21. ^ "An AI-generated music app is now part of the TikTok group". 24 July 2019. Retrieved 2023-01-03.
  22. ^ D. Herremans; E. Chew (2016). "MorpheuS: Automatic music generation with recurrent pattern constraints and tension profiles". IEEE Transactions on Affective Computing. PP(1). arXiv:1812.04832. doi:10.1109/TAFFC.2017.2737984. S2CID 54475410.
  23. ^ [1]. AIVA 2016
  24. ^ [2] AI-generated Rock Music: the Making Of
  25. ^ [3] Love Sick | Composed with Artificial Intelligence - Official Video with Lyrics | Taryn Southern
  26. ^ [4] Algo-Rhythms: the future of album collaboration
  27. ^ [5] Welcome to Magenta. Douglas Eck. Published June 1, 2016.
  28. ^ Engel, Jesse; Resnick, Cinjon; Roberts, Adam; Dieleman, Sander; Eck, Douglas; Simonyan, Karen; Norouzi, Mohammad (2017). "Neural Audio Synthesis of Musical Notes with WaveNet Autoencoders". arXiv:1704.01279. {{cite journal}}: Cite journal requires |journal= (help)
  29. ^ Open NSynth Super, Google Creative Lab, 2023-02-13, retrieved 2023-02-14
  30. ^ "Cover Story: Grimes is ready to play the villain". Crack Magazine. Retrieved 2023-02-14.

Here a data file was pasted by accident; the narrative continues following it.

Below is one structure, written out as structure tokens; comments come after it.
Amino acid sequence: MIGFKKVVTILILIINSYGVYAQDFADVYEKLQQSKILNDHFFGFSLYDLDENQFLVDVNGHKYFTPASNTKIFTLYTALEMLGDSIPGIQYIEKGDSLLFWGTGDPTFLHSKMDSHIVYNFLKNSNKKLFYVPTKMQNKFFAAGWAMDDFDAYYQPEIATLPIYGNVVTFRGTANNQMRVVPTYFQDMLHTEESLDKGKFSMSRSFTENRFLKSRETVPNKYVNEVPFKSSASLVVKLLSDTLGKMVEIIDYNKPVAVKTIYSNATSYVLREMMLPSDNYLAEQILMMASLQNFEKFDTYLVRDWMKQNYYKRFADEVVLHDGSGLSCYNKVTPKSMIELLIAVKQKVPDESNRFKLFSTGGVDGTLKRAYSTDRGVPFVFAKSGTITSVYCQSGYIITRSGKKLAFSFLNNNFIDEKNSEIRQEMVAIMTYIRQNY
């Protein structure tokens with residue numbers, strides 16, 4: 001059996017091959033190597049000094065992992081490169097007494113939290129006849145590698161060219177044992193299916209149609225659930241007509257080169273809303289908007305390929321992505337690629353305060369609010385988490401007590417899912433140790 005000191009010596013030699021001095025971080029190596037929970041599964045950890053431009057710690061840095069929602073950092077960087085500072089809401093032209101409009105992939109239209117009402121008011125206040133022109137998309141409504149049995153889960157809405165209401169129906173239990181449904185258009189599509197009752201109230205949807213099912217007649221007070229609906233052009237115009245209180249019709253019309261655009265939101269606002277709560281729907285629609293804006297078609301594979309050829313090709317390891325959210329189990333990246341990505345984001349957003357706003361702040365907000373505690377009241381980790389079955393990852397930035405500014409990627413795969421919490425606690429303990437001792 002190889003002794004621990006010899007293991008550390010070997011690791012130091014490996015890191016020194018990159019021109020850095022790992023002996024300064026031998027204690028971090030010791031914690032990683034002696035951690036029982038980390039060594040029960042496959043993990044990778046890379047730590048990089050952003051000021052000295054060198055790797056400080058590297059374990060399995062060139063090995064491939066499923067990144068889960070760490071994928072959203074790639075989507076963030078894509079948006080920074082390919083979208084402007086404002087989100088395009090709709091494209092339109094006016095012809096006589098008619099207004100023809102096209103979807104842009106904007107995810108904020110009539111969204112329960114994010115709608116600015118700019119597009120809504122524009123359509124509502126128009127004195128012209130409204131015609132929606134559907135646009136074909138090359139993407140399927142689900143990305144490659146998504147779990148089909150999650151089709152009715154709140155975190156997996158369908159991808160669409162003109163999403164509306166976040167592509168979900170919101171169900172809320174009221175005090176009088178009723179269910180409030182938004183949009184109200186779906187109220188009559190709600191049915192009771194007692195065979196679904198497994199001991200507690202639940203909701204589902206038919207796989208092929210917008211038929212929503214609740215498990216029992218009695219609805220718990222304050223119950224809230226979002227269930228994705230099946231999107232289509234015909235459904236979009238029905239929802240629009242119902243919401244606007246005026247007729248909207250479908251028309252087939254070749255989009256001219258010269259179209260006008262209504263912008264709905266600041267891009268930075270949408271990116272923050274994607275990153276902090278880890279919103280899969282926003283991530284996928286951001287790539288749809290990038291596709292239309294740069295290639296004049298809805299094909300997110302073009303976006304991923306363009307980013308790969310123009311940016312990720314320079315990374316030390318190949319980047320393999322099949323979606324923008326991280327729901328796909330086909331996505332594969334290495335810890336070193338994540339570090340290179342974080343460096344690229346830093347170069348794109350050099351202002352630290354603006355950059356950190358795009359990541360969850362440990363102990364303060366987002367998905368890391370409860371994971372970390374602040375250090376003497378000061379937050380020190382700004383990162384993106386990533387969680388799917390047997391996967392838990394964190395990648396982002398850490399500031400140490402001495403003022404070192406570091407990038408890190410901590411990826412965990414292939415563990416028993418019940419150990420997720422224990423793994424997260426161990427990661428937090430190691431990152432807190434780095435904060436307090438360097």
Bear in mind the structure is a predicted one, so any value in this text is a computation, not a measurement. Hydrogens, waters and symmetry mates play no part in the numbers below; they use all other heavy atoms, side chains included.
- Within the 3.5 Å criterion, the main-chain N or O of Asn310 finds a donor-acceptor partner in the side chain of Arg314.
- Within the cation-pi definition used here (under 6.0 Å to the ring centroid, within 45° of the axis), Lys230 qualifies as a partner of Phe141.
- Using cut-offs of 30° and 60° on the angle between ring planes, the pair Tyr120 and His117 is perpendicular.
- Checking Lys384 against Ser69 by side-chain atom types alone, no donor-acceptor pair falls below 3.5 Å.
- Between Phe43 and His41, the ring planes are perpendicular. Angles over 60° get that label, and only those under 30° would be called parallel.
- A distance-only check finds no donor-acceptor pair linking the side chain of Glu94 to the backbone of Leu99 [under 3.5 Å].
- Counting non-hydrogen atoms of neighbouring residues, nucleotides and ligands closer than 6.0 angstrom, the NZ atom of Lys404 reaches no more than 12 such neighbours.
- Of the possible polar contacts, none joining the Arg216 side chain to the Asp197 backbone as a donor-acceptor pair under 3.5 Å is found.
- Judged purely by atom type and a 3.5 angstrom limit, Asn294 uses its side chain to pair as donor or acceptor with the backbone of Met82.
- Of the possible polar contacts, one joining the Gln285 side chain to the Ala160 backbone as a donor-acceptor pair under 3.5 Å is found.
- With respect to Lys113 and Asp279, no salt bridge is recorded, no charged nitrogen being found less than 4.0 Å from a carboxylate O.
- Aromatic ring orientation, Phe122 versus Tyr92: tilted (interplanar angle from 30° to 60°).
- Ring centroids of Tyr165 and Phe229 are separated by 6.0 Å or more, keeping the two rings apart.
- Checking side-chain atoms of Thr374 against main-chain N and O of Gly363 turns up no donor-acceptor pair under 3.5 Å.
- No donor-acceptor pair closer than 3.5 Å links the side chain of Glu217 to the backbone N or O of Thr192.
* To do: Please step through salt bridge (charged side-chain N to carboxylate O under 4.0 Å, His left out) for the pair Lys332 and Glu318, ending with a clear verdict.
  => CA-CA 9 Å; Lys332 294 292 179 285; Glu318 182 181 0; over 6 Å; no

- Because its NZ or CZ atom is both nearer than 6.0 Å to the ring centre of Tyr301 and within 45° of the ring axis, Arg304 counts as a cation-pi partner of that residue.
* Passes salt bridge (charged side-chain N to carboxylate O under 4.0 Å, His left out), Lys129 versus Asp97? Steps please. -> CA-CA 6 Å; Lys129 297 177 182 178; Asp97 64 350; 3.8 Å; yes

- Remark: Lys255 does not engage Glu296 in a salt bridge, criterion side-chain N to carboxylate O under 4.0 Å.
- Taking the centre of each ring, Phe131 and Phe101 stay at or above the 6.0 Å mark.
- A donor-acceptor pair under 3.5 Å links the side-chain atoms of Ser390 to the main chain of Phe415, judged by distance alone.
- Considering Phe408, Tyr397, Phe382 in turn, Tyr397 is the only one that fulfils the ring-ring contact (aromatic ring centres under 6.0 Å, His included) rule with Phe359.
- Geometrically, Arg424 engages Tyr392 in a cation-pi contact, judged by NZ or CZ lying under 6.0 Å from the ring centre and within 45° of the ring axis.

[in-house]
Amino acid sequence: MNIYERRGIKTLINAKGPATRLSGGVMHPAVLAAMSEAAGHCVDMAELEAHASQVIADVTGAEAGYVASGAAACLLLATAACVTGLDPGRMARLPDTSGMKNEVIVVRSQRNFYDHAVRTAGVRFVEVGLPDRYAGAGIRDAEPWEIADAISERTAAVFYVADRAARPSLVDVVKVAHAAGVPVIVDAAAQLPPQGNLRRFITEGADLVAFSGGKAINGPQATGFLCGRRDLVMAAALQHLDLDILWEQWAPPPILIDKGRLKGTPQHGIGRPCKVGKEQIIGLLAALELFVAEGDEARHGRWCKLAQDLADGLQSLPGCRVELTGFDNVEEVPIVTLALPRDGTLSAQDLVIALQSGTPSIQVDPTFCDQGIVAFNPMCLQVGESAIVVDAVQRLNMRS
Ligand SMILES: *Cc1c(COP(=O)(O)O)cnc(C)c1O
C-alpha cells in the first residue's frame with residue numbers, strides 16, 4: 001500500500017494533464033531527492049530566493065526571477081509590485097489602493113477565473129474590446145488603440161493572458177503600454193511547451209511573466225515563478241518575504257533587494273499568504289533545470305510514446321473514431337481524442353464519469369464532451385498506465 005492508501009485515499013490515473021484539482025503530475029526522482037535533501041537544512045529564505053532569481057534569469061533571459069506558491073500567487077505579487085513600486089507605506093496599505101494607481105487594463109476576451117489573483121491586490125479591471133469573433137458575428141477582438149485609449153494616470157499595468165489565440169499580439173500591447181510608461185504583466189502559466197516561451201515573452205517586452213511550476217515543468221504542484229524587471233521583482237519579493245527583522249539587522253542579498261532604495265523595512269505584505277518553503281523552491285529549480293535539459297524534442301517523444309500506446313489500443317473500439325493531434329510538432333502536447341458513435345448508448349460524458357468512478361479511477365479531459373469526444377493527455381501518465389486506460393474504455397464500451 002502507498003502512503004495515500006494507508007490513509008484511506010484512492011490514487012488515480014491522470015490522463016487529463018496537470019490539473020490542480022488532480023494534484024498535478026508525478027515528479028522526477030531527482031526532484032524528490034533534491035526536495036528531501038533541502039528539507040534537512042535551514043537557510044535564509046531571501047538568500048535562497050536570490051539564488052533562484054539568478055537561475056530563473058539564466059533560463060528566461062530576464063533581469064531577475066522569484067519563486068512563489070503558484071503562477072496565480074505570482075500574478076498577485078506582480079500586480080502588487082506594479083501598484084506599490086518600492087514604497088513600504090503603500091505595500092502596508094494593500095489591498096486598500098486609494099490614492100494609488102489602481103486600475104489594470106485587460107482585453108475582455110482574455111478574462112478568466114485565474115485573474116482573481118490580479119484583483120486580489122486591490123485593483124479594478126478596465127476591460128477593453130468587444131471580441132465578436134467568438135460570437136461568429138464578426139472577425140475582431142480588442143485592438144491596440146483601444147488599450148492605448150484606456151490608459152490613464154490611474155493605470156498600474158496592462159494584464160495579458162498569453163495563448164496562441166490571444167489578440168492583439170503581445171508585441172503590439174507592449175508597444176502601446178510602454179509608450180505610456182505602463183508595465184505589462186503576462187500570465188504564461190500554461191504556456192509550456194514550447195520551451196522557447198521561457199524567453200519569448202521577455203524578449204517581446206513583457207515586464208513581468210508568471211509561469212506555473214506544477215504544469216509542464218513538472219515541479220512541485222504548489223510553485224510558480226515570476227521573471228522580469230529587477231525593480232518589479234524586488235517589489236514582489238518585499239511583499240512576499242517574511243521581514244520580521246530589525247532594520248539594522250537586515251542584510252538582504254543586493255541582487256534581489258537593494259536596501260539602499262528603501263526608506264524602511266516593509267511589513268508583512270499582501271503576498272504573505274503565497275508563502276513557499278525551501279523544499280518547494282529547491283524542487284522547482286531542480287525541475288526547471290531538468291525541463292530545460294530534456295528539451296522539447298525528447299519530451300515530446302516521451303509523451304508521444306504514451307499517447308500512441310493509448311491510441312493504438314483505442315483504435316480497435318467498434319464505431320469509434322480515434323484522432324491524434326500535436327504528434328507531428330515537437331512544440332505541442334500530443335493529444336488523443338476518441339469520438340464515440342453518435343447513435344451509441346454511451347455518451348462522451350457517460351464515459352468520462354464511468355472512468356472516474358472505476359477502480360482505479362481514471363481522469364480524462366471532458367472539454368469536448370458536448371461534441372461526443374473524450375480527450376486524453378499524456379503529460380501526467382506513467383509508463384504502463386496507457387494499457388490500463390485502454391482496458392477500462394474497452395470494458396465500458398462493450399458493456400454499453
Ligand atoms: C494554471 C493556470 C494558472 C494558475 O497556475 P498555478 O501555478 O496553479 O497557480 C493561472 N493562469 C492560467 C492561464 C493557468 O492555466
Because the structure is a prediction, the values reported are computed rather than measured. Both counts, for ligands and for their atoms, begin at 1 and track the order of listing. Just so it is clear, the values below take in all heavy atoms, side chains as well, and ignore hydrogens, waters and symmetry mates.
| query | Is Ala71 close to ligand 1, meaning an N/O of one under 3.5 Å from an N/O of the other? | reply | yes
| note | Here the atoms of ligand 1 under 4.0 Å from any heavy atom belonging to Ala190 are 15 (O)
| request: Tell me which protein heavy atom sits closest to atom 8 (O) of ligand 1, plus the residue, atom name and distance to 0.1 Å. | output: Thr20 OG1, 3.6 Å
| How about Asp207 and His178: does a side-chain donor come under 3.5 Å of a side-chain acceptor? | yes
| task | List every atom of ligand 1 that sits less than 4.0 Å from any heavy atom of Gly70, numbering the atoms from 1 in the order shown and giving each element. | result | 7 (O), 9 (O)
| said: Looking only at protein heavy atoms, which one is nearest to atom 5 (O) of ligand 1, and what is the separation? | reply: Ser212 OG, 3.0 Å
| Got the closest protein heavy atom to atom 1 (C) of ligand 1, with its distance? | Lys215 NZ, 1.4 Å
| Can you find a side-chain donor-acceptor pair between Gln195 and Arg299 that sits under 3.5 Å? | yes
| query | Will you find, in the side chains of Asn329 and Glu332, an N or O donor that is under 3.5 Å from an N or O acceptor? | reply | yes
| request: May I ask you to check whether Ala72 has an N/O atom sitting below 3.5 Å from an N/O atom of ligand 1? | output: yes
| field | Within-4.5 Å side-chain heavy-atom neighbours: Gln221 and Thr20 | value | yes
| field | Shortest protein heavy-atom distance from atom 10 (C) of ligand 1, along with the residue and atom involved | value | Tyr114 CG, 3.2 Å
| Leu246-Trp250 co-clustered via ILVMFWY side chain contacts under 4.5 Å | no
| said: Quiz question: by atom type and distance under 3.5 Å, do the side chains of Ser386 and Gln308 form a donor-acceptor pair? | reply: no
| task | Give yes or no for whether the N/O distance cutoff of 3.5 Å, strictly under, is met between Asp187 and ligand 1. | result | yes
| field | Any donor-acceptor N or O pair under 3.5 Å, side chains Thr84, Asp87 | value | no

31. ^ "What Machine-Learning Taught the Band YACHT About Themselves". Los Angeleno. 2019-09-18. Retrieved 2023-02-14.
  32. ^ [6] Magenta Studio
  33. ^ [7] MusicLM on Github. Authored by Andrea Agostinelli, Timo I. Denk, Zalán Borsos, Jesse Engel, Mauro Verzetti, Antoine Caillon, Qingqing Huang, Aren Jansen, Adam Roberts, Marco Tagliasacchi, Matt Sharifi, Neil Zeghidour, Christian Frank. Published January 26, 2023.
  34. ^ [8] Understanding What Makes MusicLM Unique. Published January 27, 2023.
  35. ^ a b c Coldewey, Devin (December 15, 2022). "Try 'Riffusion,' an AI model that composes music by visualizing it".
  36. ^ a b Nasi, Michele (December 15, 2022). "Riffusion: creare tracce audio con l'intelligenza artificiale".
  37. ^ "Essayez "Riffusion", un modèle d'IA qui compose de la musique en la visualisant". December 15, 2022.
  38. ^ a b "文章に沿った楽曲を自動生成してくれるAI「Riffusion」登場、画像生成AI「Stable Diffusion」ベースで誰でも自由に利用可能". GIGAZINE.
  39. ^ a b Llano, Eutropio (December 15, 2022). "El generador de imágenes AI también puede producir música (con resultados de otro mundo)".
  40. ^ "Mubert launches Text-to-Music interface – a completely new way to generate music from a single text prompt". December 21, 2022.
  41. ^ "MusicLM: Generating Music From Text". January 26, 2023.
  42. ^ "5 Reasons Google's MusicLM AI Text-to-Music App is Different". January 27, 2023.
  43. ^ "Art created by AI cannot be copyrighted, says US officials – what does this mean for music?". MusicTech. Retrieved 2022-10-27.
  44. ^ "Can (and should) AI-generated works be protected by copyright?". Hypebot. 2022-02-28. Retrieved 2022-10-27.
  45. ^ Re: Second Request for Reconsideration for Refusal to Register A Recent Entrance to Paradise (Correspondence ID 1-3ZPC6C3; SR # 1-7100387071) (PDF) (Report). Copyright Review Board, United States Copyright Office. 2022-02-14.

Further reading[edit]

External links[edit]